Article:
The Impact on Countries Downgraded from AAA


You could be forgiven for believing the media hype recently concerning S&P’s downgrade of U.S. debt from AAA to AA+.  It sounds believable!  If we’re no longer AAA, we can no longer serve as the world’s reserve currency, so everyone will dump our bonds.  As selling overwhelms buying, bond prices fall, and bond yields rise, which further crimps our struggling economy.


However, history shows that the opposite happens.  Bond prices rise, and yields fall, over the first 6 months and the first year after the downgrade.  For the 9 countries (11 downgrades) which faced a drop from AAA to something else, the average drop in the country’s 10-year government bond yield was 0.49% after 6 months, and 0.75% after 1 year.  Why???  Probably a couple factors.  First, while AAA is good, AA or AA+ is still good, too.  Bondholders found little reason to abandon a credit rated AA+.  That should explain the lack of selling.  Second, what could explain the drop in bond yields is that the downgrade fans concerns not so much of the survival of an economy, but of its growth.  This results in a flight to quality from risky assets to bonds.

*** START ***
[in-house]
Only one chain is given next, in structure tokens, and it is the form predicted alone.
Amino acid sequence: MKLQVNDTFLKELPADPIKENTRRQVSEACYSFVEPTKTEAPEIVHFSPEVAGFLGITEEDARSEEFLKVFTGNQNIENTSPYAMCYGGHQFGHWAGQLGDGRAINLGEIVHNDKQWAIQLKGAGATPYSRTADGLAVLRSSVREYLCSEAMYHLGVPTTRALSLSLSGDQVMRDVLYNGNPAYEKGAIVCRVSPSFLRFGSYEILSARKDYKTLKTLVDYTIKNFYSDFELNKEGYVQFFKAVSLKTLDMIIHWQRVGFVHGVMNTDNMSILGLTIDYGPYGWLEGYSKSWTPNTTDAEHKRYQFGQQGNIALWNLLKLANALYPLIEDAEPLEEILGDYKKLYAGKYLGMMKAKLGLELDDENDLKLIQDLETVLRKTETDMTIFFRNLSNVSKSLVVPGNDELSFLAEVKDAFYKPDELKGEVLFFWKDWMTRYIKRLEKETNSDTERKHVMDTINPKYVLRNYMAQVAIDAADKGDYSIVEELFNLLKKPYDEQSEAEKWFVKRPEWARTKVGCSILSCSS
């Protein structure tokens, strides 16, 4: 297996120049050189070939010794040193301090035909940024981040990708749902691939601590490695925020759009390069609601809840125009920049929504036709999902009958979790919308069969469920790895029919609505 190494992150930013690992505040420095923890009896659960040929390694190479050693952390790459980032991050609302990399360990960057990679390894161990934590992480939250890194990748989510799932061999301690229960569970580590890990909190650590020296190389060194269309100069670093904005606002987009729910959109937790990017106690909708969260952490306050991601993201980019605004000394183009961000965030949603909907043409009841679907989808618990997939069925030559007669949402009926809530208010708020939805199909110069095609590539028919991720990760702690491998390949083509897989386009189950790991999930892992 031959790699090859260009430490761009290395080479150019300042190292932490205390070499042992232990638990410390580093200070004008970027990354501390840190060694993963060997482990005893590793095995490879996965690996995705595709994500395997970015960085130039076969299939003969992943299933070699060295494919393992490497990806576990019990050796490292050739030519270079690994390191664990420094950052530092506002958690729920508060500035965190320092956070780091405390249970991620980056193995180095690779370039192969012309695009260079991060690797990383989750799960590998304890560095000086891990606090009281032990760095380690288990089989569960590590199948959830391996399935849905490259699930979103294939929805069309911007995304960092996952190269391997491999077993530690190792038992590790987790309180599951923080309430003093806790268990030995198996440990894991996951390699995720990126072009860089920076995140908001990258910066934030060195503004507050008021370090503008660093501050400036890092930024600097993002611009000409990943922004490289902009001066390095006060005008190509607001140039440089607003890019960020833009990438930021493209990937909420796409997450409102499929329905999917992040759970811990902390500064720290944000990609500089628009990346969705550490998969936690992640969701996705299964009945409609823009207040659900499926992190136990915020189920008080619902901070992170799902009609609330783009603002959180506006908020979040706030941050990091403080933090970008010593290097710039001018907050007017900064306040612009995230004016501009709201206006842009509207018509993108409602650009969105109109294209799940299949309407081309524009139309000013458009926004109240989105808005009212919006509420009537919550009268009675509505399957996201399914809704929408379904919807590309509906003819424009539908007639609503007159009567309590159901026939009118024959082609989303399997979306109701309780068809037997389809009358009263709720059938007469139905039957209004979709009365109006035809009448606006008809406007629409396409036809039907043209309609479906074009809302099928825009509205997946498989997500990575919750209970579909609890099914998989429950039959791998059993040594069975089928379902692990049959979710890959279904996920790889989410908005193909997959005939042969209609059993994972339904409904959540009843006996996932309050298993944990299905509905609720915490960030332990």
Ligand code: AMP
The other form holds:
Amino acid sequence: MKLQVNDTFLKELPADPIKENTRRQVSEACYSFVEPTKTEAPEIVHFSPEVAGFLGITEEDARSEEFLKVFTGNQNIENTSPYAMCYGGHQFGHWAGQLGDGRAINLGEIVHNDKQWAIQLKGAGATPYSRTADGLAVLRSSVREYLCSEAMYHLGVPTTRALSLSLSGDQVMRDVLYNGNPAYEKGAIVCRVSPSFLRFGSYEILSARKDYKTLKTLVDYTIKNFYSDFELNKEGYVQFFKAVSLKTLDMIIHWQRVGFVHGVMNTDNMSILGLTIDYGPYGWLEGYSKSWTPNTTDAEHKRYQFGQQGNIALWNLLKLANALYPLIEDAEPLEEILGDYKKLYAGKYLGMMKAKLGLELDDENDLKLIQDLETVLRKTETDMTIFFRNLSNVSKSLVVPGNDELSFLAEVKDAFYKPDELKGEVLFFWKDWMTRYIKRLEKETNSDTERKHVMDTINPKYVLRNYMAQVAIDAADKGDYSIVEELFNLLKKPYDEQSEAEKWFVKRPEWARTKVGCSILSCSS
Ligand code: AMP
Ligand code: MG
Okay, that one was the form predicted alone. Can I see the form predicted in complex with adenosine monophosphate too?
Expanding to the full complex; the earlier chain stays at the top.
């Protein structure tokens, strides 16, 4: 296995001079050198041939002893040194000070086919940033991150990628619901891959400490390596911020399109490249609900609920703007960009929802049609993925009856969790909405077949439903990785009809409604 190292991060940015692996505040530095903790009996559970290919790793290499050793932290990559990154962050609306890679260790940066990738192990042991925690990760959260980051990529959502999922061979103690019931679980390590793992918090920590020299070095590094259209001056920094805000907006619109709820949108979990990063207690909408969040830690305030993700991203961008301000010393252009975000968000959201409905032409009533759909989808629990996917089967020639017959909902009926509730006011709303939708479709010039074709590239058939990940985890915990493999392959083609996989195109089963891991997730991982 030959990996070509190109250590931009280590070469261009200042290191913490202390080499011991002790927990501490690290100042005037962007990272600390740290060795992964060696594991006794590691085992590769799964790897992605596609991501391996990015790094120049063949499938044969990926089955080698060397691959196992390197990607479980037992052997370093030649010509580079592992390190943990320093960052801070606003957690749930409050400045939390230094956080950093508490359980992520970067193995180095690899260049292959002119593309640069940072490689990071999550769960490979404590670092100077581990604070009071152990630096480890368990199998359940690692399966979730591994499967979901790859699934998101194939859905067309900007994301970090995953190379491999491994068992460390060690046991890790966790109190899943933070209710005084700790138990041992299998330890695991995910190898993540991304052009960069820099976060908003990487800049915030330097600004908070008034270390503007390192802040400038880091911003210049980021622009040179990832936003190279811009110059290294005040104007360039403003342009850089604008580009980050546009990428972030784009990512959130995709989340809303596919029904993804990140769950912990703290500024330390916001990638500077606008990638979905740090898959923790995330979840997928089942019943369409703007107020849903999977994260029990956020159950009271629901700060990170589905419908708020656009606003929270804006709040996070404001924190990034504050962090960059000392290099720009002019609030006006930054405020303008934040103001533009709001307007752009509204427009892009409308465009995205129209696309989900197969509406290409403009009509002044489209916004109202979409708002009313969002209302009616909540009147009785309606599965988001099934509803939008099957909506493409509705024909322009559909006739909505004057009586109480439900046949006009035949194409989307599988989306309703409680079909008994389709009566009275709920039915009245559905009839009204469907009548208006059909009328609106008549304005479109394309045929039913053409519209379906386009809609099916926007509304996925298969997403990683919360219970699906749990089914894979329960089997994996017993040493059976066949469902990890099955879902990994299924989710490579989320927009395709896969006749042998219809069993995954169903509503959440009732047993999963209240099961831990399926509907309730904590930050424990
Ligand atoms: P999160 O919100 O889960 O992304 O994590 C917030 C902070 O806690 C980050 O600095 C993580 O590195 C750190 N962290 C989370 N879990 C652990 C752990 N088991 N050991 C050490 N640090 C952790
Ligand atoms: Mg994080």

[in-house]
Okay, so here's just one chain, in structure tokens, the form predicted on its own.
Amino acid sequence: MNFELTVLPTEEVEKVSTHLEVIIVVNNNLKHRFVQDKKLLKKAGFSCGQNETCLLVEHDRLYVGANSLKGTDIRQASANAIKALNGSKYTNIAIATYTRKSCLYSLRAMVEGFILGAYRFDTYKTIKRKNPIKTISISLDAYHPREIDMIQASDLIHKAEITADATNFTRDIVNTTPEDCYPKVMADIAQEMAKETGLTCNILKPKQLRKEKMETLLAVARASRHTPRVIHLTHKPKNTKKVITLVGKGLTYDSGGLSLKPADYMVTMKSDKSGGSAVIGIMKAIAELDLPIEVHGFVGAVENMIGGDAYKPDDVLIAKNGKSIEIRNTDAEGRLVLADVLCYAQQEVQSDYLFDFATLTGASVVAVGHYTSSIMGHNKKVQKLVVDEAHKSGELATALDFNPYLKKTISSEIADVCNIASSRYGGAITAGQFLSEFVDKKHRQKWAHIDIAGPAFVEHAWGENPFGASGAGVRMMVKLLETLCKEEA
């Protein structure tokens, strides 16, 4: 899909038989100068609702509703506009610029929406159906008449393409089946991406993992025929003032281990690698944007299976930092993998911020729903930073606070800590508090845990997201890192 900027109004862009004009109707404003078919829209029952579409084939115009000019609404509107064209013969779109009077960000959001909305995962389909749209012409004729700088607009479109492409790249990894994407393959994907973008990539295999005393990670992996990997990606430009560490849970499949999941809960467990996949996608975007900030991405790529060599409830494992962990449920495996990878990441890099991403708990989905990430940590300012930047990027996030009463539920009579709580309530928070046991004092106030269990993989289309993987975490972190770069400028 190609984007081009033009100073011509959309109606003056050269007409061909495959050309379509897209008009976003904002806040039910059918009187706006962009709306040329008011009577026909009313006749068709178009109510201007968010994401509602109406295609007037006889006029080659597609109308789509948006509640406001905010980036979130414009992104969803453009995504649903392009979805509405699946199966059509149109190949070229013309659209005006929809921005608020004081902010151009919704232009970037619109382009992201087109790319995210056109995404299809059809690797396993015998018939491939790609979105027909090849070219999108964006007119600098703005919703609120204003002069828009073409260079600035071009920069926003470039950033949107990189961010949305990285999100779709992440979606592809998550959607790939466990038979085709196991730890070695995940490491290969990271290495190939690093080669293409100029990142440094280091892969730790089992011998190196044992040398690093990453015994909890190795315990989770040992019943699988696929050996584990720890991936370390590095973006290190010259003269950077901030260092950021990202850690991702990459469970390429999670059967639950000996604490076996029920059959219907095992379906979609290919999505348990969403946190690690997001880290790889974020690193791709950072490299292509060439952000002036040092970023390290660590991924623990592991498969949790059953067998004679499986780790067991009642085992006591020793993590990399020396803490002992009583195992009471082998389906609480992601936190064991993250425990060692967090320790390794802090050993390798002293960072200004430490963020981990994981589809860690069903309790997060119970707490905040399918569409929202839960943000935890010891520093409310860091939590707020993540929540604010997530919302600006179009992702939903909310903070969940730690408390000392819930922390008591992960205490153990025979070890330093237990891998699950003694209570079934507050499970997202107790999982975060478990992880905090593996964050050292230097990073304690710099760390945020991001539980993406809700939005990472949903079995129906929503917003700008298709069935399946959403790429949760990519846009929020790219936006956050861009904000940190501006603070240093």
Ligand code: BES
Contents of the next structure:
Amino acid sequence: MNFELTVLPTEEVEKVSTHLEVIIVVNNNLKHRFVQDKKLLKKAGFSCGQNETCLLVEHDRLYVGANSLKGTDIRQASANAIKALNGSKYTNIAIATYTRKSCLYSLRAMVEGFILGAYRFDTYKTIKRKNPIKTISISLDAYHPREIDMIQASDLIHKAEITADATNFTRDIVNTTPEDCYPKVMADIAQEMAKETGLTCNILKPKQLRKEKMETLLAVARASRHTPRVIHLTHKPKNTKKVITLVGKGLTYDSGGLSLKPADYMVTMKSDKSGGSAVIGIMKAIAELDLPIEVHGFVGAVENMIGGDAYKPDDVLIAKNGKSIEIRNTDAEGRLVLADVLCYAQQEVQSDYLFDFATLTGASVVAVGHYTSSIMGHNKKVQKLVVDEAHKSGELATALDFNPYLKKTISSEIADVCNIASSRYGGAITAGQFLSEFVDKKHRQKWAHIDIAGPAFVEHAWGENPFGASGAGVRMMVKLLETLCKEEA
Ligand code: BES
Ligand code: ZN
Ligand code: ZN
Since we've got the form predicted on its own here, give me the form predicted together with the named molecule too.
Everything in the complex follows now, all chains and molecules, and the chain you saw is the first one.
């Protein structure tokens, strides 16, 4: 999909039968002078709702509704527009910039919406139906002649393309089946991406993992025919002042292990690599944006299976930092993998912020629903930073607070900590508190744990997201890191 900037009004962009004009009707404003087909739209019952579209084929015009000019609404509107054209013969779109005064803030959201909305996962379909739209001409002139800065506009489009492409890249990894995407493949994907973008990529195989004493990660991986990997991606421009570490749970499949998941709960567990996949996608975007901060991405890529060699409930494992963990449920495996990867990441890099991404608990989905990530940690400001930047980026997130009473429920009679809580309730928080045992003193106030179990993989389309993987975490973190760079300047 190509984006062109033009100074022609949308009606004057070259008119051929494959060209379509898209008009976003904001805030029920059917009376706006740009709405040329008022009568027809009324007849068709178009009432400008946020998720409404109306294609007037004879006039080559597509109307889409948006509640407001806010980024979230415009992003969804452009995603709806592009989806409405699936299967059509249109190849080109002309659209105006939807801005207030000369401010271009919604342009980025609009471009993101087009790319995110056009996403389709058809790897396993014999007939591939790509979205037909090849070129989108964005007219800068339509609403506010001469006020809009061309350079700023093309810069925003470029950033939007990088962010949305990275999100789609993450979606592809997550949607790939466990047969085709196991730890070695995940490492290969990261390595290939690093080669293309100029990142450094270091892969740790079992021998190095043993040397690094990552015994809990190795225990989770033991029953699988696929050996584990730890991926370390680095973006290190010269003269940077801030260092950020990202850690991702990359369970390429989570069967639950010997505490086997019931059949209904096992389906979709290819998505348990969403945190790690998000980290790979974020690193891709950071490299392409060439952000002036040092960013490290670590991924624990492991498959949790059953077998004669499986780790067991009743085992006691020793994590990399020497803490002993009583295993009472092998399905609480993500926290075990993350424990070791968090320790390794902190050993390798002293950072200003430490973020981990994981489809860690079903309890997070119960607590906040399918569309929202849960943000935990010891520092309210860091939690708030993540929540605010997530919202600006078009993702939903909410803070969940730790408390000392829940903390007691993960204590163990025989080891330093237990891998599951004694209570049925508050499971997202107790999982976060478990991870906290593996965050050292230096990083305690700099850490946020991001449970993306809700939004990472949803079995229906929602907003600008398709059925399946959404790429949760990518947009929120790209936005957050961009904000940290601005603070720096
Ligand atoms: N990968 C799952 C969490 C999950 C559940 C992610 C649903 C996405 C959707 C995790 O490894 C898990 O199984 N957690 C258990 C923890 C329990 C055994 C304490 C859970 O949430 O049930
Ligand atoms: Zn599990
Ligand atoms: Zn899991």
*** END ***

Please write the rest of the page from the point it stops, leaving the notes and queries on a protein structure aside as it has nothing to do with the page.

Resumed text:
The local stock market has been, on average, 3% higher 6 months following the downgrade, which is probably better than you would have expected, but still not that great.  And there were more down markets (6) than up markets (5).  But perhaps the fears of a lack of growth fail to materialize, because only 3 of those 11 markets stayed down after 1 year, and the average return was +17%.  So far, the U.S. bond market is toeing the company line, as the 10-year treasury yield has fallen 0.49% in just the last 3 days, exactly in-line with the average of the other 11 countries.  But the stock market has some catching up to do.


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